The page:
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Long term is the magic bullet for risk Add to ...

Many investors are looking for a magic bullet that will reduce the risk in their portfolios without affecting return.

Regrettably, until such time as the laws of nature are repealed, there are only two time-tested ways to reduce risk while maintaining returns.

One way is through more sophisticated portfolio construction - going back to the 1950s, the pioneering work on diversification by Nobel-laureate Harry Markowitz has led to extensive advances on mixing investments to optimize risk and return. In fact, in some cases better portfolio construction can both reduce risk and increase return.

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The other approach to reduce risk without decreasing return is to extend the time frame for which risky investments such as stocks are held.

START WITH LONG-TERM RETURNS

Any discussion of a portfolio has to begin with each individual investor's needs for appreciation and income to hit their long-term goal - this will yield their target rate of return.

A good place to go next is to look at after-inflation returns for different investments for the 84 years from 1926 (as far back as we have really good data) to the end of 2009.

We can compare large-cap U.S. stocks to intermediate, five-year government bonds and T-bills. Note that we should focus on real, after-inflation returns - what really matters when investing for retirement.

Even after the past couple of years, after inflation stocks have returned three times bonds and 10 times T-bills.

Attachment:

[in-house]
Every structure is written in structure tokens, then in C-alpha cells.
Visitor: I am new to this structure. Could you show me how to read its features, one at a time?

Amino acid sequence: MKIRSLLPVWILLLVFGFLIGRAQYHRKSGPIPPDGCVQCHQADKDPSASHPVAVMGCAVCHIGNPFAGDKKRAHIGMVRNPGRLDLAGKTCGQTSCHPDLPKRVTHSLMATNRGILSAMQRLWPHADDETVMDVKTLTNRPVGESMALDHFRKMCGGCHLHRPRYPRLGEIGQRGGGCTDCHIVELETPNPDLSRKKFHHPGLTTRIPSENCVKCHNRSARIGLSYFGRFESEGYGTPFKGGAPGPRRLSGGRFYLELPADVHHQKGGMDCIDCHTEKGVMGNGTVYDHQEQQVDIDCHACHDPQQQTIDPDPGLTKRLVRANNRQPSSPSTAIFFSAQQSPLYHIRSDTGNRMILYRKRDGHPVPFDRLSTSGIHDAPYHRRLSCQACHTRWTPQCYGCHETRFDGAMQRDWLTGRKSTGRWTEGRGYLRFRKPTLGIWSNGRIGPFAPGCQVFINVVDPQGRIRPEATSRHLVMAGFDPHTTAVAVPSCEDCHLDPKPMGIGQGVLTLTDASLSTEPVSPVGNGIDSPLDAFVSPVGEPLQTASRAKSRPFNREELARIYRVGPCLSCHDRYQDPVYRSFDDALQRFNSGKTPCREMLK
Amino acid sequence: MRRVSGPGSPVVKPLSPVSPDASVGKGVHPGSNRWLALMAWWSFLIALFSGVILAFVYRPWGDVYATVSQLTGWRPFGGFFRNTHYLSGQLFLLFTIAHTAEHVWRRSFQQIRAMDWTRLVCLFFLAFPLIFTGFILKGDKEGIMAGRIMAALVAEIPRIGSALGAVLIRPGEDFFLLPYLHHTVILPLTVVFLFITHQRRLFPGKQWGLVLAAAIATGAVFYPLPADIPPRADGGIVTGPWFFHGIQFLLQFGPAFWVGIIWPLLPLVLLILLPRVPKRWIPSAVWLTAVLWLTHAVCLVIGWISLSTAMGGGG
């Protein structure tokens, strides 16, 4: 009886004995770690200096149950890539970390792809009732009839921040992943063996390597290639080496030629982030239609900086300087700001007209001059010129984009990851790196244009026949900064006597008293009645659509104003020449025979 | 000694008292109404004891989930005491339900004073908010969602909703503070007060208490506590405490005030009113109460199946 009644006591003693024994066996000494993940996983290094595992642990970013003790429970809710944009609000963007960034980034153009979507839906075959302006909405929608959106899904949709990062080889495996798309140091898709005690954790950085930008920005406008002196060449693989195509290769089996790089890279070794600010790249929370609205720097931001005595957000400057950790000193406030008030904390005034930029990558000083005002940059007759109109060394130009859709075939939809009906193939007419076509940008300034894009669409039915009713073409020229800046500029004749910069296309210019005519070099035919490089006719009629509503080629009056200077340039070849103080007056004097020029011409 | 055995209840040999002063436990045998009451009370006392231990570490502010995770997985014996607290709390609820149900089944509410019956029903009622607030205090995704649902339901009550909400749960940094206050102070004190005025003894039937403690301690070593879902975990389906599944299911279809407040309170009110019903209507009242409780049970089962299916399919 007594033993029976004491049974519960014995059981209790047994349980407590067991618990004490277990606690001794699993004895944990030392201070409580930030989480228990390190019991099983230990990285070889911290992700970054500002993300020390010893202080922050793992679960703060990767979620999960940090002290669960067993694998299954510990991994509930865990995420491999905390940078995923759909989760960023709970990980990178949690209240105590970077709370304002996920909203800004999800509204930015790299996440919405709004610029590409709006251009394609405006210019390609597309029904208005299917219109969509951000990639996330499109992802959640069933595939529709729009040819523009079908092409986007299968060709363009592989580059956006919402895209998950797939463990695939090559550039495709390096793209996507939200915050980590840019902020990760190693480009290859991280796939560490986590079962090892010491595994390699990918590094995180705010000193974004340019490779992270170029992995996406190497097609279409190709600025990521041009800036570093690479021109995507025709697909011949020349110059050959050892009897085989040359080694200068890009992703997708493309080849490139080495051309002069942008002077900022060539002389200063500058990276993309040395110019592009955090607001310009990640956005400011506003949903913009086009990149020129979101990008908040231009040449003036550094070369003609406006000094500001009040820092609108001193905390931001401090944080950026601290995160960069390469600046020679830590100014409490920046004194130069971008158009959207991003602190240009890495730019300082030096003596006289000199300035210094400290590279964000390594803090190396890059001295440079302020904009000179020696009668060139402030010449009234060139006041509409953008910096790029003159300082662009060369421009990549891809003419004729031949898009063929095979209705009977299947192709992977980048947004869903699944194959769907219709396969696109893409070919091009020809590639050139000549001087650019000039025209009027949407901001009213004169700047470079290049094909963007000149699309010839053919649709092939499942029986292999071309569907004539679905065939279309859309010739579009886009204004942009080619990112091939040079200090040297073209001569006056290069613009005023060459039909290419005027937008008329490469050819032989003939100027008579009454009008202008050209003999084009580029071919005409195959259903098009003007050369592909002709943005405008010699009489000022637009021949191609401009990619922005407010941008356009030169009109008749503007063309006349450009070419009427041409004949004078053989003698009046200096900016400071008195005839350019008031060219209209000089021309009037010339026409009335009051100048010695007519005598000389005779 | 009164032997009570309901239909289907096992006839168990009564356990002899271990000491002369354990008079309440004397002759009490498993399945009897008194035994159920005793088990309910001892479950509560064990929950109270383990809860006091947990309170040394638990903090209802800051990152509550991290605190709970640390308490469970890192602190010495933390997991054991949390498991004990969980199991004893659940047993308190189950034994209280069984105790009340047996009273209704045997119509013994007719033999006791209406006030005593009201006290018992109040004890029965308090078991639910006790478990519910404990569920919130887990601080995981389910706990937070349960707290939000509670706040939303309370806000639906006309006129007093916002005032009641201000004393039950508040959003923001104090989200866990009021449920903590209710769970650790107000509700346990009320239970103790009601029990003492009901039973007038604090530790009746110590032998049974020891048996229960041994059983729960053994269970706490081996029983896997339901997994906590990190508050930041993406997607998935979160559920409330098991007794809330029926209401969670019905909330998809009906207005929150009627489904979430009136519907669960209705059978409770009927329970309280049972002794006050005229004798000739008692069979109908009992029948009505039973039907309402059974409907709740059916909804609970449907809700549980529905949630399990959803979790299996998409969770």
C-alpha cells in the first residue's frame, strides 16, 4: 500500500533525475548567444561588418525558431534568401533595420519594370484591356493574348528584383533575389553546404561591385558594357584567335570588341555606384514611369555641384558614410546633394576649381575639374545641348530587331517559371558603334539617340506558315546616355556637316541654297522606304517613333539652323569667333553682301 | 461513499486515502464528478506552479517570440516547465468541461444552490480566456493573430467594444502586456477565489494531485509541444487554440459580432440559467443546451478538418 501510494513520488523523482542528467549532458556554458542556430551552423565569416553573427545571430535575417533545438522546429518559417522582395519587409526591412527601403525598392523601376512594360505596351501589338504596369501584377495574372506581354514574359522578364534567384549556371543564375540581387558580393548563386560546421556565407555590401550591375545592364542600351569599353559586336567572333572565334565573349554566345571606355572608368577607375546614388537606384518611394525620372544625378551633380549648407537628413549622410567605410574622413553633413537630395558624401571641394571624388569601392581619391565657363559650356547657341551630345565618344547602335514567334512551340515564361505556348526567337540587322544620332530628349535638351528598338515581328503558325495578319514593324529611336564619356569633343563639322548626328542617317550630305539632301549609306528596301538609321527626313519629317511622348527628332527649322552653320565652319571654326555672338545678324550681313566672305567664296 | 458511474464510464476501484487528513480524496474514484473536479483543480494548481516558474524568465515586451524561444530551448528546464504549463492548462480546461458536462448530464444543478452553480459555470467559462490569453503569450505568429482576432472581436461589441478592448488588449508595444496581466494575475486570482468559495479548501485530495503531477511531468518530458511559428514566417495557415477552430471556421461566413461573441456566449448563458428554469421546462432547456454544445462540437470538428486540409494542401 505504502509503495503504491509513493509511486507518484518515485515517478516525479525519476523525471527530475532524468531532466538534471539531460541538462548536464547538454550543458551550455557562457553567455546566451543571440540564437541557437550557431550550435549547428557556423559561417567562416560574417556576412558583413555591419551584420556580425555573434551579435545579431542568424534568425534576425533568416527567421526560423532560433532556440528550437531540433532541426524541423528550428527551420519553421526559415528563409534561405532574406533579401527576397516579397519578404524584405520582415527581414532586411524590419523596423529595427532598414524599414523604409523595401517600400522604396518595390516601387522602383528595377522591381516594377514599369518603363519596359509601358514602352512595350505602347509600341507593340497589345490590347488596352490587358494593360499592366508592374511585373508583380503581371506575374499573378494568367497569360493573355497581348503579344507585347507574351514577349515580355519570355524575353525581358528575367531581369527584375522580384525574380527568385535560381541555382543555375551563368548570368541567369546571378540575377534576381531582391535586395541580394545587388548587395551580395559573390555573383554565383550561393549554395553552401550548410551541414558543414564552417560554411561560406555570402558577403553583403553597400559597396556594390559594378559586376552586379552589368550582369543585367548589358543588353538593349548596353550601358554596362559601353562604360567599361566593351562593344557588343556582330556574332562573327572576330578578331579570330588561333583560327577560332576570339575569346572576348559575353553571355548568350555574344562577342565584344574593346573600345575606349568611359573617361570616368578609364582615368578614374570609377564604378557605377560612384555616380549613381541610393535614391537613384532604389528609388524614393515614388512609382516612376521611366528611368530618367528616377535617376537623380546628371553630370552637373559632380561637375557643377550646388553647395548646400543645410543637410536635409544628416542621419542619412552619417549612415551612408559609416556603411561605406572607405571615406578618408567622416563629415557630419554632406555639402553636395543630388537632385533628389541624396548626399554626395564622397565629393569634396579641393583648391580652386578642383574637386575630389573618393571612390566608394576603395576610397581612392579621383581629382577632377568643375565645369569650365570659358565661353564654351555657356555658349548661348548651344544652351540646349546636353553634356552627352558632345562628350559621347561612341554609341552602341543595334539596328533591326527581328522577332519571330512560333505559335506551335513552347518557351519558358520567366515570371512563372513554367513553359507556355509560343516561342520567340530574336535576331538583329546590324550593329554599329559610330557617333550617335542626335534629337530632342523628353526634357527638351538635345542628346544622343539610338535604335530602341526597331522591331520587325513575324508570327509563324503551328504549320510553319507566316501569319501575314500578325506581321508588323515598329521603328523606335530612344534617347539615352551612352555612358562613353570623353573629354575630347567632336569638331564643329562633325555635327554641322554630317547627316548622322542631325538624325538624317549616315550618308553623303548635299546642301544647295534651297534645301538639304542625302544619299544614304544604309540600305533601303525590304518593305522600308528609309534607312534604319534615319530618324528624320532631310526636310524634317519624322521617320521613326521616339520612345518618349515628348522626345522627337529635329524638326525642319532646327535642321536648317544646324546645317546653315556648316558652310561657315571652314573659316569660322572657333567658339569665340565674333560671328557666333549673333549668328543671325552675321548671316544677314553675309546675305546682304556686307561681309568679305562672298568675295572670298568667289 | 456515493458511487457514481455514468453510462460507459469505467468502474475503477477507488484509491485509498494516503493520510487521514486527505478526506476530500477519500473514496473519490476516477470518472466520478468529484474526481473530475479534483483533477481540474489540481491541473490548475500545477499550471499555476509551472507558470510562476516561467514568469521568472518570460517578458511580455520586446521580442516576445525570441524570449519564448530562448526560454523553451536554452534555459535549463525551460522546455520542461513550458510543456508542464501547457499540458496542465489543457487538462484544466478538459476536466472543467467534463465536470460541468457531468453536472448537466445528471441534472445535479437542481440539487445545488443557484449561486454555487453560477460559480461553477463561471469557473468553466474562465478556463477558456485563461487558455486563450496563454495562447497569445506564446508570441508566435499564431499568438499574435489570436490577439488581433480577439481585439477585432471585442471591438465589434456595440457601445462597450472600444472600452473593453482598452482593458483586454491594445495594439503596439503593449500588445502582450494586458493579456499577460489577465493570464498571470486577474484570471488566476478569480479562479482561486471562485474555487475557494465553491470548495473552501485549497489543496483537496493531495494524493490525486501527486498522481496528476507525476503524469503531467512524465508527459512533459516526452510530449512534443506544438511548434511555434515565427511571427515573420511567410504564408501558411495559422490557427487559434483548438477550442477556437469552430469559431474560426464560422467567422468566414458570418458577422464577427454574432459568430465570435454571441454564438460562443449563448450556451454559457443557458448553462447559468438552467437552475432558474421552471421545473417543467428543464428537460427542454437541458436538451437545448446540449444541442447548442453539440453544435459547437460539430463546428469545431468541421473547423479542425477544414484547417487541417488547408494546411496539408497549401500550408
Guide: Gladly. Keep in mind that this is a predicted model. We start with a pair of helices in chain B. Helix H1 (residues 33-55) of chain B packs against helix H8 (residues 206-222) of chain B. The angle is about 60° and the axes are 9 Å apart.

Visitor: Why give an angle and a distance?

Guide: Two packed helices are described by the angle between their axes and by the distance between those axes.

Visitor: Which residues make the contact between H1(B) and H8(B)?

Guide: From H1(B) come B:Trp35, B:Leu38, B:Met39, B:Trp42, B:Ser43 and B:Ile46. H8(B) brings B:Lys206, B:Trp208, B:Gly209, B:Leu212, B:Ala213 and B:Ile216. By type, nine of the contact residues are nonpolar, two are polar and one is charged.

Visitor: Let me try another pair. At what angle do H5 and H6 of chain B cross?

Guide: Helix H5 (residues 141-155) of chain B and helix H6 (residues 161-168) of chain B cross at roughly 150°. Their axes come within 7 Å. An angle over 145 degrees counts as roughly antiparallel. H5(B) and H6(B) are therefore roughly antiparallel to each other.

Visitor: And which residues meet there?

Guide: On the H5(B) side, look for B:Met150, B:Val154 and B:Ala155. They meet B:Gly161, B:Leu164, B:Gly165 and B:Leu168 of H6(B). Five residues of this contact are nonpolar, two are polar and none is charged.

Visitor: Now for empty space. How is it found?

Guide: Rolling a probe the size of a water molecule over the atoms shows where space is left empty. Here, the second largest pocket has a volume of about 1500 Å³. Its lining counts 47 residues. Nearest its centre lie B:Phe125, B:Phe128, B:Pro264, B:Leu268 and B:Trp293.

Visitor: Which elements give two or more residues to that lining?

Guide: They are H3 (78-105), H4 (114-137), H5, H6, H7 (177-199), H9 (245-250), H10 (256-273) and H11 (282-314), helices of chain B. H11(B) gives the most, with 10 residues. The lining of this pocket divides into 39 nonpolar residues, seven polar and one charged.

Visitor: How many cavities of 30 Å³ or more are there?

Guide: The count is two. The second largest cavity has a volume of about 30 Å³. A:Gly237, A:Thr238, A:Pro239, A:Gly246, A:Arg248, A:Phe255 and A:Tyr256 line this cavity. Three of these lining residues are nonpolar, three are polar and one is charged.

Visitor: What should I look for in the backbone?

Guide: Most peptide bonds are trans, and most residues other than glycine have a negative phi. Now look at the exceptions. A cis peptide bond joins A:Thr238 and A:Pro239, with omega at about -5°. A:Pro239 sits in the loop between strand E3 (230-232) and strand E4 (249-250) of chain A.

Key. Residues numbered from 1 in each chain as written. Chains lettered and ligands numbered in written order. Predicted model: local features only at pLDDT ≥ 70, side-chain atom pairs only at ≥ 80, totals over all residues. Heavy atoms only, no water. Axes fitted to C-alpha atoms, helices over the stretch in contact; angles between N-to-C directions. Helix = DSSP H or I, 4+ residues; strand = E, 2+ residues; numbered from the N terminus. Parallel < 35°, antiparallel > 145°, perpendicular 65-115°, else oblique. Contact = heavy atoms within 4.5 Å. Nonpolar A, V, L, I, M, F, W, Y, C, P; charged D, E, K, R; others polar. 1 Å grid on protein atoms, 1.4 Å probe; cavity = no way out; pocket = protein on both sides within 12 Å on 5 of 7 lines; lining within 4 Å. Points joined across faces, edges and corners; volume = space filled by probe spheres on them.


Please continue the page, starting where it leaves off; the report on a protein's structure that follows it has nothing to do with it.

For someone investing $100,000 in stocks, the after-inflation appreciation of about $259,000 is almost five times that in bonds and almost 20 times the gain in T-bills, which just barely beat inflation.

Avg. real return (after inflation)

$100,000 compounded at this rate for 20 years - in today's dollars

Ending balance

Appreciation

U.S. large cap stocks

6.60%

$359,041

$259,041

5-yr. gov't bonds

2.26%

$156,356

$56,356

T-bills

0.64%

$113,609

$13,609

THE ODDS OF LOSING MONEY

The downside to stocks is that you'll lose money about three in 10 years and periodically you will lose more than 20 per cent in a calendar year. Even worse, twice these 20 per cent declines occurred two years in a row.

In the 84 years since 1926, stocks have lost 20 per cent or more eight times after inflation - so about one in 10 years.

Three of those were in the 1930s, then in 1946, in 1973 and 1974 and most recently in 2002 and 2008.

There is good news for longer-term investors, however. Looking at three-year periods reduces the chances of losing stocks to about one in four.

In 10-year time frames, investors lost money 12 per cent of the time - based on the experience since 1926, you have to go out to 20 years to completely eliminate the chances of losing money in stocks.

U.S. large-cap stocks: real returns

Winning years

Losing years

% of the time lost money

1 year

57

27

32%

3 years

63

19

23%

10 years

66

9

12%

15 years

66

4

6%

20 years

65

0

0%

Understanding the impact of time frame

For many people, the best way to understand the impact of time frame on returns is to see this visually. Recently, I worked with Michael Nairne and his team at Tacita Capital to convert data from Morningstar's EnCorr database using the Ibbotson SBBI Large Company Stock index into three charts, showing returns over one, three and 10 years.

The first chart shows one-year returns - it has extreme spikes; if this were all that investing in stocks entailed, most investors would bail out right there.

The next chart shows rolling three-year returns, still a bit of a roller coaster, but less so.

The third chart shows rolling average returns for 10 years; by the time you get to 10 years, you see a level of volatility that is still more than many Canadians would like but also a level that most can live with.

The good news is that the longer your holding period, the less you experience sharp drops - the extreme ups and downs disappear and the tops and the bottoms on returns get cut off.

Based on everything we've experienced historically, holding stocks for longer periods of time is the only way to truly reduce the risk of owning them - as hard as that might be at times.

And in fact, the case can be made that if investors aren't prepared to hold stocks for an extended period of time, they shouldn't buy them in the first place.



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